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Subject: 2 player game: how to play to avoid slow progression? rss

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Maarten D. de Jong
Netherlands
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So, the GF and me sat down with our freshly bought Amyitis to play a game for 2. We slowly digested the French rule text, only to find that when playing the game is quite fast (in terms of performing your actions) and not at all that difficult.

However, about three quarters of the way through, we began to get quite irritated by the lack of actual progress towards the end. The game ends when 3 or less garden tiles remain on the board. The 'clock' of the game is governed by the farmer and his resources, and indirectly by the priest of Tammouz. Unless we misread the rules, only they can give you resource chips and a coveted gardener card with which you can beautify a cheap plant.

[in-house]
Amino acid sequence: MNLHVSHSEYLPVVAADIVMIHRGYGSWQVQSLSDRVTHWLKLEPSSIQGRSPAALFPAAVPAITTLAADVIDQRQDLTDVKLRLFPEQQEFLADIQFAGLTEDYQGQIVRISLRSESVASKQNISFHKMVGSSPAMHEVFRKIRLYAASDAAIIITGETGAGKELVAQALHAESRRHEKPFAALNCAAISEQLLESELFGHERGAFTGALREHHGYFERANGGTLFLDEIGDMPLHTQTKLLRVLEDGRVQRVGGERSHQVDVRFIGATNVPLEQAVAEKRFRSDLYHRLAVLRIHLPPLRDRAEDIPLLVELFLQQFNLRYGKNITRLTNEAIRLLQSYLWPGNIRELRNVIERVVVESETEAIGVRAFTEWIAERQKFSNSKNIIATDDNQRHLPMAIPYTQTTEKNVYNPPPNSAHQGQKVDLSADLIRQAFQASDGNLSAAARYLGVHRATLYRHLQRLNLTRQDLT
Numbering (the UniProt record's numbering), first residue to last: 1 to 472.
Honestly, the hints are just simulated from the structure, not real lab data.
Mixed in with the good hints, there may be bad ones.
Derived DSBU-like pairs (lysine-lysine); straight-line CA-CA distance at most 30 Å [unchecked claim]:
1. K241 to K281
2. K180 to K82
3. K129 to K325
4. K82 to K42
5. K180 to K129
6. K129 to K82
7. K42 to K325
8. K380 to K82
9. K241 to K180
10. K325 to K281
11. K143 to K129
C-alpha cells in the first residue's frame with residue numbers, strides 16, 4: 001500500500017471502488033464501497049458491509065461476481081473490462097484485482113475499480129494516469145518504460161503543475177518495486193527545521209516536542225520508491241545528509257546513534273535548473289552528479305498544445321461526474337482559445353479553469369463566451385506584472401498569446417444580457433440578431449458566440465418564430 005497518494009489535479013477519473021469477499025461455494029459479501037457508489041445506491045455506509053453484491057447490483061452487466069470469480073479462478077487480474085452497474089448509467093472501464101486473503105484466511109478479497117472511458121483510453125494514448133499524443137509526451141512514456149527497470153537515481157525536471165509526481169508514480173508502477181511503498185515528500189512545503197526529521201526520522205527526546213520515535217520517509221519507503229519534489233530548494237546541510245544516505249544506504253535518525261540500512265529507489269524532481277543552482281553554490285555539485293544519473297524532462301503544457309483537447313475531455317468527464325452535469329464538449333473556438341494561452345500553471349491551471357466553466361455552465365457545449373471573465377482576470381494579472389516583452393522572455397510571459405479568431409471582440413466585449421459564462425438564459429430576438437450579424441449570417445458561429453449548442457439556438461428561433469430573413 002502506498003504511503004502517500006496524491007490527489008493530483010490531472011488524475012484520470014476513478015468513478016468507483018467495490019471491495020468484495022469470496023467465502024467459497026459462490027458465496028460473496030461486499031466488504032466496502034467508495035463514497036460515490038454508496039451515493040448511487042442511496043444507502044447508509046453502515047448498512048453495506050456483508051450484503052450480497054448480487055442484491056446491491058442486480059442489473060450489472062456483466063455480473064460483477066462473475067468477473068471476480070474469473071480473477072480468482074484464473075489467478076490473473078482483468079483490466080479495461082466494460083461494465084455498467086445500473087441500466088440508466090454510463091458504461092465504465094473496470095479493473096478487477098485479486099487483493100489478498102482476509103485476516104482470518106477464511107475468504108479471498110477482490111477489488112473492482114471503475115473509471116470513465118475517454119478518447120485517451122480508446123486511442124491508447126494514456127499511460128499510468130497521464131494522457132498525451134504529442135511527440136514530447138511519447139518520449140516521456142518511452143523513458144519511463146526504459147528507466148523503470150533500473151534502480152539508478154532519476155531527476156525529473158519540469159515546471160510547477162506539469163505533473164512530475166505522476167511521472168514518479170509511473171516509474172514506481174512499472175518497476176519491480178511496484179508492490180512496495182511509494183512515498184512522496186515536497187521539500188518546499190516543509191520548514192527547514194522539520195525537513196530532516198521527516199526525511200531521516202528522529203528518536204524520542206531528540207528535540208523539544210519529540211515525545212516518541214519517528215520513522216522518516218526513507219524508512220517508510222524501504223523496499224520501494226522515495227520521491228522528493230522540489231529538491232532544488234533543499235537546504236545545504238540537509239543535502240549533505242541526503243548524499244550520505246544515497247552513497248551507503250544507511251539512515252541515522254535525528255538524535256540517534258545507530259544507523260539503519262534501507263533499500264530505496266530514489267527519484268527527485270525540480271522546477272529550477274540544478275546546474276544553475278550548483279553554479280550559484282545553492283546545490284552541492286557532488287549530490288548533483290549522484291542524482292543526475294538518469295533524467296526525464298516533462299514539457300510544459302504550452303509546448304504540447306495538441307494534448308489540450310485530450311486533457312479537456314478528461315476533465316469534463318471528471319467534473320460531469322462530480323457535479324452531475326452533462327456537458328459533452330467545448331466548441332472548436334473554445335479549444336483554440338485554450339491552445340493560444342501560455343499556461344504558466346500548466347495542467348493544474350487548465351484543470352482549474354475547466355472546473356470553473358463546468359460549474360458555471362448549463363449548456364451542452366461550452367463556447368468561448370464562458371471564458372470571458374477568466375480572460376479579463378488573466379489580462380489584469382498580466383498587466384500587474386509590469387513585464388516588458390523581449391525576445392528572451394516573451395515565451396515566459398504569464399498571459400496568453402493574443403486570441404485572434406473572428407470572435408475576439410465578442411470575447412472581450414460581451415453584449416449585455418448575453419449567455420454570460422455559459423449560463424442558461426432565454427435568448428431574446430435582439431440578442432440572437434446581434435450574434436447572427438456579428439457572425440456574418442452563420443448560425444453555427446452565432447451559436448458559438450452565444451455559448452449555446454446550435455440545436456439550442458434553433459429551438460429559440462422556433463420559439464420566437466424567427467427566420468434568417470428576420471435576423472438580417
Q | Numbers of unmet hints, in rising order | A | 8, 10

However, since a good portion of your resources is channeled into other things (if not by your own actions then by plain capping the amount you can retain at the end of a round), this means that as the end approaches, you are just waiting and waiting to get the resources you need to move the caravan to the correct town. If you cannot afford to move far enough, then the lack of camels begins to make itself felt, and the temple of Ishtar suddenly begins to become important. So you get cycles: first Ishtar and camel breeders to get the caravans; then Tammouz and the farmers to get hopefully the right resources; and hopefully being able to move both to a spot where you can buy a plant without a gardener card. After of course fighting over the engineer to get things irrigated so we could actually place some plants there. We were doing this for 90 minutes straight when we grew bored of this pointless running around, waiting for good cards to appear again or the farmer plots to fill up so one of us would get a new gardener, and broke off with just 6 garden tiles built.